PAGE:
Radar is a valuable tool in detecting and monitoring potential impact hazards. By bouncing transmitted signals off objects, images and information can be derived from the echoes. Scientists can learn a great deal about an asteroid's orbit, rotation, size, shape, and metal concentration. The U.S. is the only country that has an operating survey and detection program for discovering near-Earth objects. Missions to comets and asteroids provide valuable information about their composition and structure, helping scientists assess the best methods to deal with those in potentially hazardous orbits.
Several NASA space missions have flown by and observed asteroids.
The Galileo spacecraft flew by asteroids Gaspra in 1991 and Ida in 1993; the Near-Earth Asteroid Rendezvous (NEAR) mission studied asteroids Mathilde and Eros; and Deep Space 1 and Stardust both had close encounters with asteroids.
In 2005, the Japanese spacecraft Hayabusa landed on the near-Earth asteroid Itokawa and attempted to collect samples.
NASA's Dawn mission, launched in September 2007 on a 3-billion-kilometer (1.7-billion-mile) journey to the asteroid belt, orbited the asteroids Vesta in (August 2011) and is currently en route to Ceres (February 2015). Vesta and Ceres are sometimes called "baby planets" - their growth was interrupted by the formation of Jupiter, and they followed different evolutionary paths.
Understanding the small worlds of our solar system is an ongoing, ever-changing process. We now have the technology to learn much more about our cosmic neighbors. It was less than 20 years ago that a spacecraft took the first close-up photo of an asteroid. Now a series of bold and exciting missions is taking us on a journey to explore the small worlds of our solar system up close, for the first time.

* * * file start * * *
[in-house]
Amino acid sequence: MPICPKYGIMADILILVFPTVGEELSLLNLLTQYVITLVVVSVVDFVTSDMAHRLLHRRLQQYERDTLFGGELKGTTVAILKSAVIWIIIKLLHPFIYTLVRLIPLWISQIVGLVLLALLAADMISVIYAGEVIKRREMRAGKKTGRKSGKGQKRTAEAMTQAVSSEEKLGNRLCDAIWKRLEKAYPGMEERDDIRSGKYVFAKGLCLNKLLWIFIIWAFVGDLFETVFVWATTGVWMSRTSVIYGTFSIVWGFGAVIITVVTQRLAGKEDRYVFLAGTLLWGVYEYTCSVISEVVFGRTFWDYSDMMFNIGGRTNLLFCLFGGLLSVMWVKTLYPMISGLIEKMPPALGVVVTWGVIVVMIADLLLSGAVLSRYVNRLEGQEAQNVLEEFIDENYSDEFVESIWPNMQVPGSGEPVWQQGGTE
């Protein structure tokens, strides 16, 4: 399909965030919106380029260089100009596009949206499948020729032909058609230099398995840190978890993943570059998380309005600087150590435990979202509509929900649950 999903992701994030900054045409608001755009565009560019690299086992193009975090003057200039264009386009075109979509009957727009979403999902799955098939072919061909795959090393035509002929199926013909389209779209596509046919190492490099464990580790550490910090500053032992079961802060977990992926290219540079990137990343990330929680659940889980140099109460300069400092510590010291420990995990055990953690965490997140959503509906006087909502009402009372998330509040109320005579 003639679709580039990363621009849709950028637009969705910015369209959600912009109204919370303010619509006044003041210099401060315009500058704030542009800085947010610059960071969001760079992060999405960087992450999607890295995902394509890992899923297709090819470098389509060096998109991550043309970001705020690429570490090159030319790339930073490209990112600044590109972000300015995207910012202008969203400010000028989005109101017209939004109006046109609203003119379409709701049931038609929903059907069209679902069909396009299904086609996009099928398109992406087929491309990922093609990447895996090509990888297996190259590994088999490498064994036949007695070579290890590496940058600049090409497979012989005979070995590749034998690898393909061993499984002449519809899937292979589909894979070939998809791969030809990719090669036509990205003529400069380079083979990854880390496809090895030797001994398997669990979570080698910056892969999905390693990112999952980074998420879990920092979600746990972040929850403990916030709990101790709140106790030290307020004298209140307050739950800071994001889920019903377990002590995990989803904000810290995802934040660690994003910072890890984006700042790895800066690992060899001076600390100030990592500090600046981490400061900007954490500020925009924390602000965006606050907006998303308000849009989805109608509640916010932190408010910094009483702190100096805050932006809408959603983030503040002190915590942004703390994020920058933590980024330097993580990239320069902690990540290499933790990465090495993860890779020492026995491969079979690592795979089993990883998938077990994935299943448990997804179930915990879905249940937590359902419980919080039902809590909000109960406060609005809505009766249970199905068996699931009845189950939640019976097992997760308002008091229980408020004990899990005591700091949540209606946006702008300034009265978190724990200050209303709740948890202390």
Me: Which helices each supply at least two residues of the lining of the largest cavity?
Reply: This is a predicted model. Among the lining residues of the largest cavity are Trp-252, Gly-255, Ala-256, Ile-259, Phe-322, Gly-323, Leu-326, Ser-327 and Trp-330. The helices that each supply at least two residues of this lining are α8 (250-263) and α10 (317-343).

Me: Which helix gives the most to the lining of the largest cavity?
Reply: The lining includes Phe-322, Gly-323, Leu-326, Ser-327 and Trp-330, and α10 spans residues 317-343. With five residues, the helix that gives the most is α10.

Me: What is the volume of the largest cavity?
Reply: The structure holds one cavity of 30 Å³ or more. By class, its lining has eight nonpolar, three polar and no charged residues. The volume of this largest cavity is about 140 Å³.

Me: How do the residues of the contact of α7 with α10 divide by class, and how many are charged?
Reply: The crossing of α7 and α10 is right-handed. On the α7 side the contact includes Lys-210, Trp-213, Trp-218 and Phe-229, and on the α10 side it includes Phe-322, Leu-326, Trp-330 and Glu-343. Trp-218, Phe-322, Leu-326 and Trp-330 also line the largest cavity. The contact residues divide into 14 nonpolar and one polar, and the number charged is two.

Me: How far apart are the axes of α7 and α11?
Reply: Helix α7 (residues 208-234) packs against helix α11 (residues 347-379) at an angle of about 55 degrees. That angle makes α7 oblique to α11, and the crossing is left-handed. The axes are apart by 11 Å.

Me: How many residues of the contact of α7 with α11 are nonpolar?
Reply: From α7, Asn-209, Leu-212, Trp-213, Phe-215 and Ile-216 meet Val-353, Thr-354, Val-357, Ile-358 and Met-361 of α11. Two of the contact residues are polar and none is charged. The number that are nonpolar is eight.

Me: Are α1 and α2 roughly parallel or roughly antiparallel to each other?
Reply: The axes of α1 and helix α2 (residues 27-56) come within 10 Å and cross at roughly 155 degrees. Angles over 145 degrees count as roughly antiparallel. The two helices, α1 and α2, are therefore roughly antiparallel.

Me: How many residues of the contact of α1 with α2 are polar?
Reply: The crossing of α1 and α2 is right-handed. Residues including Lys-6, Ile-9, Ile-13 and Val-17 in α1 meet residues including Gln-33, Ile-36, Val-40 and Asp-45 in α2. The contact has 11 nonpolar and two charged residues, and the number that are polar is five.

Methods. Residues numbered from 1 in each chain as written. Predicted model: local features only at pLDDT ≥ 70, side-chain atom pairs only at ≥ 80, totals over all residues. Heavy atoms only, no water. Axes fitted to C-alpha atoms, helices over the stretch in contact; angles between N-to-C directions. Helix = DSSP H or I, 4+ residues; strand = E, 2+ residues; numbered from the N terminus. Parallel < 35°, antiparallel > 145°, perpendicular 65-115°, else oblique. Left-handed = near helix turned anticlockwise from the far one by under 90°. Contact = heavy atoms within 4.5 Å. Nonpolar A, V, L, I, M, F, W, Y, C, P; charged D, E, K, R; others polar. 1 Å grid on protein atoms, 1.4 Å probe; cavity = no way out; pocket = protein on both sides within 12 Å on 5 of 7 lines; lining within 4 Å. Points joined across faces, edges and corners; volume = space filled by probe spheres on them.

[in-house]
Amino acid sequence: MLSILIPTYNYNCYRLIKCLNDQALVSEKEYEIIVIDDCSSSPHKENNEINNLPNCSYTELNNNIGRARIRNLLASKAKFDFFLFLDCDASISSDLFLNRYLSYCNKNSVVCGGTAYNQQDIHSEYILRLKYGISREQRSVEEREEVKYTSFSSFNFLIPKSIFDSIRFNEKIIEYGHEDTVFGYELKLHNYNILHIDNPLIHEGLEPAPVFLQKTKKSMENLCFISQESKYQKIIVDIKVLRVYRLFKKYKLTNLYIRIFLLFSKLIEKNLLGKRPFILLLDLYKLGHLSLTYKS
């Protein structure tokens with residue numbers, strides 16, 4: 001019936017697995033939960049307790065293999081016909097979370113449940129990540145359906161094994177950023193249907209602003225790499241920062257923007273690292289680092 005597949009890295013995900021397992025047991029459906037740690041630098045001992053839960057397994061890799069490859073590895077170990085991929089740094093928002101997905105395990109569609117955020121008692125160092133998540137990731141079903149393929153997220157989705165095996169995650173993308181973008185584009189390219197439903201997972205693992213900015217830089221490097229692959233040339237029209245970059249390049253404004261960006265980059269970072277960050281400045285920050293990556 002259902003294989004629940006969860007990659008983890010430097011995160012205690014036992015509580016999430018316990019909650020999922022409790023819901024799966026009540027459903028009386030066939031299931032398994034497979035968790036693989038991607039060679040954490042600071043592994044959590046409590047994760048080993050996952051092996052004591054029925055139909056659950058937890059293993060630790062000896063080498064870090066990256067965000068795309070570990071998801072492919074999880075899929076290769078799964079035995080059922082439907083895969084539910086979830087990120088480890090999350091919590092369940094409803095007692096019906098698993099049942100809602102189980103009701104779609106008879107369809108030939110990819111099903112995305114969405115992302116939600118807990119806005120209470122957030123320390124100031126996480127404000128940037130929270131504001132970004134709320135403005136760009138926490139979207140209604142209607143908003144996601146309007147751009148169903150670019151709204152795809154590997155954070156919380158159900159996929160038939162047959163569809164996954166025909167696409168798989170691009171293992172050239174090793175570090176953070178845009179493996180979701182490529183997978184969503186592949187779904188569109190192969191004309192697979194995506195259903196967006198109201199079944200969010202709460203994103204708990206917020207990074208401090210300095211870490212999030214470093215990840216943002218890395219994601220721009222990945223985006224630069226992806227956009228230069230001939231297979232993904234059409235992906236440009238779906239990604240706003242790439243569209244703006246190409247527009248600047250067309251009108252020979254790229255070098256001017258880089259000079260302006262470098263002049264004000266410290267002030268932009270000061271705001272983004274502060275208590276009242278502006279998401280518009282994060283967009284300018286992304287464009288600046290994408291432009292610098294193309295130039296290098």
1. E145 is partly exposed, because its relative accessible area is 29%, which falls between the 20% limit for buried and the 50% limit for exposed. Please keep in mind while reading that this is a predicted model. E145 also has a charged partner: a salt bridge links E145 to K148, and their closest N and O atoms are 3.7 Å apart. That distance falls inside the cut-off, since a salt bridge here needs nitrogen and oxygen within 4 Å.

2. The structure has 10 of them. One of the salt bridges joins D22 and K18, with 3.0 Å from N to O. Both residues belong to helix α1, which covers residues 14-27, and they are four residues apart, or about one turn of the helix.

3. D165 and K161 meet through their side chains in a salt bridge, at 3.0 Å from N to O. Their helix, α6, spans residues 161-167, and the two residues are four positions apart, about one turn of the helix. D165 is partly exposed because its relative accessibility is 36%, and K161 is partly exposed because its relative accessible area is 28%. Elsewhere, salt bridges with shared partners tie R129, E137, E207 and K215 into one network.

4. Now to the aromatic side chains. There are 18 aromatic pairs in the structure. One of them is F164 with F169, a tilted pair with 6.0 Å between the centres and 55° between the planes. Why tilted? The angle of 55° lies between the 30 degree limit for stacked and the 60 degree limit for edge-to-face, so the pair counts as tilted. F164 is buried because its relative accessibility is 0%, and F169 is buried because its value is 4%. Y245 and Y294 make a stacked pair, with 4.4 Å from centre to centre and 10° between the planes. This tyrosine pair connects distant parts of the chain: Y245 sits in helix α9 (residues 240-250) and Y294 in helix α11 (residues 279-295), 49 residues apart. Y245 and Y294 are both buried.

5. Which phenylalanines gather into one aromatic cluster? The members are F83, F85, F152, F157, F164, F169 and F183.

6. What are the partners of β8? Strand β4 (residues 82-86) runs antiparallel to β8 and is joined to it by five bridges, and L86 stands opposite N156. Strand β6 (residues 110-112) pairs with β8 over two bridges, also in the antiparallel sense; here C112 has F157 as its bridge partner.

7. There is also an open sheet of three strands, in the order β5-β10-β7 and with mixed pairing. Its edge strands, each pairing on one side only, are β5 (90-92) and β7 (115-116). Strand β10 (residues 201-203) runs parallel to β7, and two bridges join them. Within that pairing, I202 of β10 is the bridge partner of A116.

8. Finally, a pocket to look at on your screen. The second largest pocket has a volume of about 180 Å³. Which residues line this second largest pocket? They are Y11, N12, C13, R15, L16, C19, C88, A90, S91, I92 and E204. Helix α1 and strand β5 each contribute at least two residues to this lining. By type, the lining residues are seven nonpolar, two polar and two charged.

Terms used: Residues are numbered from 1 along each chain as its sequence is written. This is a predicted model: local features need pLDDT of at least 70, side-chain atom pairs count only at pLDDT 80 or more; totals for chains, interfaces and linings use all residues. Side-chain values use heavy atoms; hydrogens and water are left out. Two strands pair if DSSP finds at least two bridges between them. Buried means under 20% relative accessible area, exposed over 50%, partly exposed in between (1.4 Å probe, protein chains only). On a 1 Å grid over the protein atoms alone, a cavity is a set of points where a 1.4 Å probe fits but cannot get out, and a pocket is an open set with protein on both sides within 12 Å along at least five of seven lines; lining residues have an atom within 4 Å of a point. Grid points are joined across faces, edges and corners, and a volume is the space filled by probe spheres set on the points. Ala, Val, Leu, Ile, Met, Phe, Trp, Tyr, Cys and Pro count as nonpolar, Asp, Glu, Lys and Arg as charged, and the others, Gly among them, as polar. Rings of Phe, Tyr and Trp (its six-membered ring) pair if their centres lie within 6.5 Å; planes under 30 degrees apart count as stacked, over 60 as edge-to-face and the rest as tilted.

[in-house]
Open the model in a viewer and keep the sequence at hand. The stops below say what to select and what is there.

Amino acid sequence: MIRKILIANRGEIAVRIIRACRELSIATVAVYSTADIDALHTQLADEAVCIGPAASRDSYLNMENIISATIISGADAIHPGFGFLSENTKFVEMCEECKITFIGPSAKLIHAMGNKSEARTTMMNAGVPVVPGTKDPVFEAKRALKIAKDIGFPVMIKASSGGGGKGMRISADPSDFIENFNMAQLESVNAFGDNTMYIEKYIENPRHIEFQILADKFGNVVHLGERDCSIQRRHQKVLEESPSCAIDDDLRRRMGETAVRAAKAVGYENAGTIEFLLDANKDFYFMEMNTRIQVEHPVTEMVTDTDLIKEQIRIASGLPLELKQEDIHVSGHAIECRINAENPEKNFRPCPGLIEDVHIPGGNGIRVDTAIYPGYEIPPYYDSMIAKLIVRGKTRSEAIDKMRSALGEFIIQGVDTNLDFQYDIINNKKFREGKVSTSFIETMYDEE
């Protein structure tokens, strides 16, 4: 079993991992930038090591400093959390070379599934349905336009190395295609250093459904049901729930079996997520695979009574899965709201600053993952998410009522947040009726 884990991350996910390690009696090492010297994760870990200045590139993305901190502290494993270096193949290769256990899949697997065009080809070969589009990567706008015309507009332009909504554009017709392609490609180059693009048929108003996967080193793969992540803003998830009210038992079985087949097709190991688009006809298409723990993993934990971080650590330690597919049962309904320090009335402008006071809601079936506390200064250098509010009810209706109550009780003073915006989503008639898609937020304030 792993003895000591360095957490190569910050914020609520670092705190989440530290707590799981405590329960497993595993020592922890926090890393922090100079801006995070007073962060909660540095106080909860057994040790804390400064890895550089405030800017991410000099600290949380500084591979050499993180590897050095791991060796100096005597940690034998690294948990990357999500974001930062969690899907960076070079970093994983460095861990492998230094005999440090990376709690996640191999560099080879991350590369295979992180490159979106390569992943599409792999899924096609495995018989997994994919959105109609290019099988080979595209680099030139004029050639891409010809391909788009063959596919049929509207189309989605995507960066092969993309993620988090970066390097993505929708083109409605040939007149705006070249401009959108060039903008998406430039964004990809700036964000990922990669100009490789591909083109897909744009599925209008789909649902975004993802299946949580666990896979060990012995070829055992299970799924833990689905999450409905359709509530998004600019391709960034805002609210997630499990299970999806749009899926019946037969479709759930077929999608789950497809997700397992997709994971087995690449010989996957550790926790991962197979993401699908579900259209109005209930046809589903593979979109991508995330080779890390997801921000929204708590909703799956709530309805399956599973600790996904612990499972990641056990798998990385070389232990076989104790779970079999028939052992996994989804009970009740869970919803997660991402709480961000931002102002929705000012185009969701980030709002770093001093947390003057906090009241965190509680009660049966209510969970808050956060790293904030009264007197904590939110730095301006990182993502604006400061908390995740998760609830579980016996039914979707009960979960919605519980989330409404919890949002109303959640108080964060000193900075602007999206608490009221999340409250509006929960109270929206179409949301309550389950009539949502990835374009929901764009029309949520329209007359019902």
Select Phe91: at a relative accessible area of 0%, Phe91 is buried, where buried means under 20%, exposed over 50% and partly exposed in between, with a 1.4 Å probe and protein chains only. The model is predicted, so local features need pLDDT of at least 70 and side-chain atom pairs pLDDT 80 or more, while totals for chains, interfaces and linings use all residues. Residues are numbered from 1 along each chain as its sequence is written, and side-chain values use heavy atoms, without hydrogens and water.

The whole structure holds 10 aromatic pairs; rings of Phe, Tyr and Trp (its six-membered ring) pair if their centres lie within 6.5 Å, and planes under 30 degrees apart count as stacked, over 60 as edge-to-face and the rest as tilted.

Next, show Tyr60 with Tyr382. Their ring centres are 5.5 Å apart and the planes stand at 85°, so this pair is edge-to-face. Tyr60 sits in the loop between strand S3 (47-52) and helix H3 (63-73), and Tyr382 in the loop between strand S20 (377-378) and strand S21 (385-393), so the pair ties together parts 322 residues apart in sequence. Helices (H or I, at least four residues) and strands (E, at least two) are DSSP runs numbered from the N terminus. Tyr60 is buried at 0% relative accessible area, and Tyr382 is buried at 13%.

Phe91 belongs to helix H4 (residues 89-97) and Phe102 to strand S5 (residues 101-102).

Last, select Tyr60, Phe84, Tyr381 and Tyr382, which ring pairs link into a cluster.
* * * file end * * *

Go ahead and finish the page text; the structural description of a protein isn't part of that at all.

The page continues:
Discovery Program: NASA's Discovery Program gives scientists the opportunity to unlock the mysteries of the solar system, hidden in these small worlds. Since the program's inception in 1992, NASA launched seven missions to investigate asteroids, comets, and dwarf planets to seek answers to age-old questions: Where did we come from? Where are we going? Where and how could life evolve in the solar system? As keys to the past and possible resources for the future, the small worlds are ancient treasure chests, filled with clues that have remained hidden throughout history - until now.
More Information about Asteroids:
NASA's Asteroid and Comet Watch Program
NASA's Jet Propulsion Laboratory (JPL) Asteroid Watch Program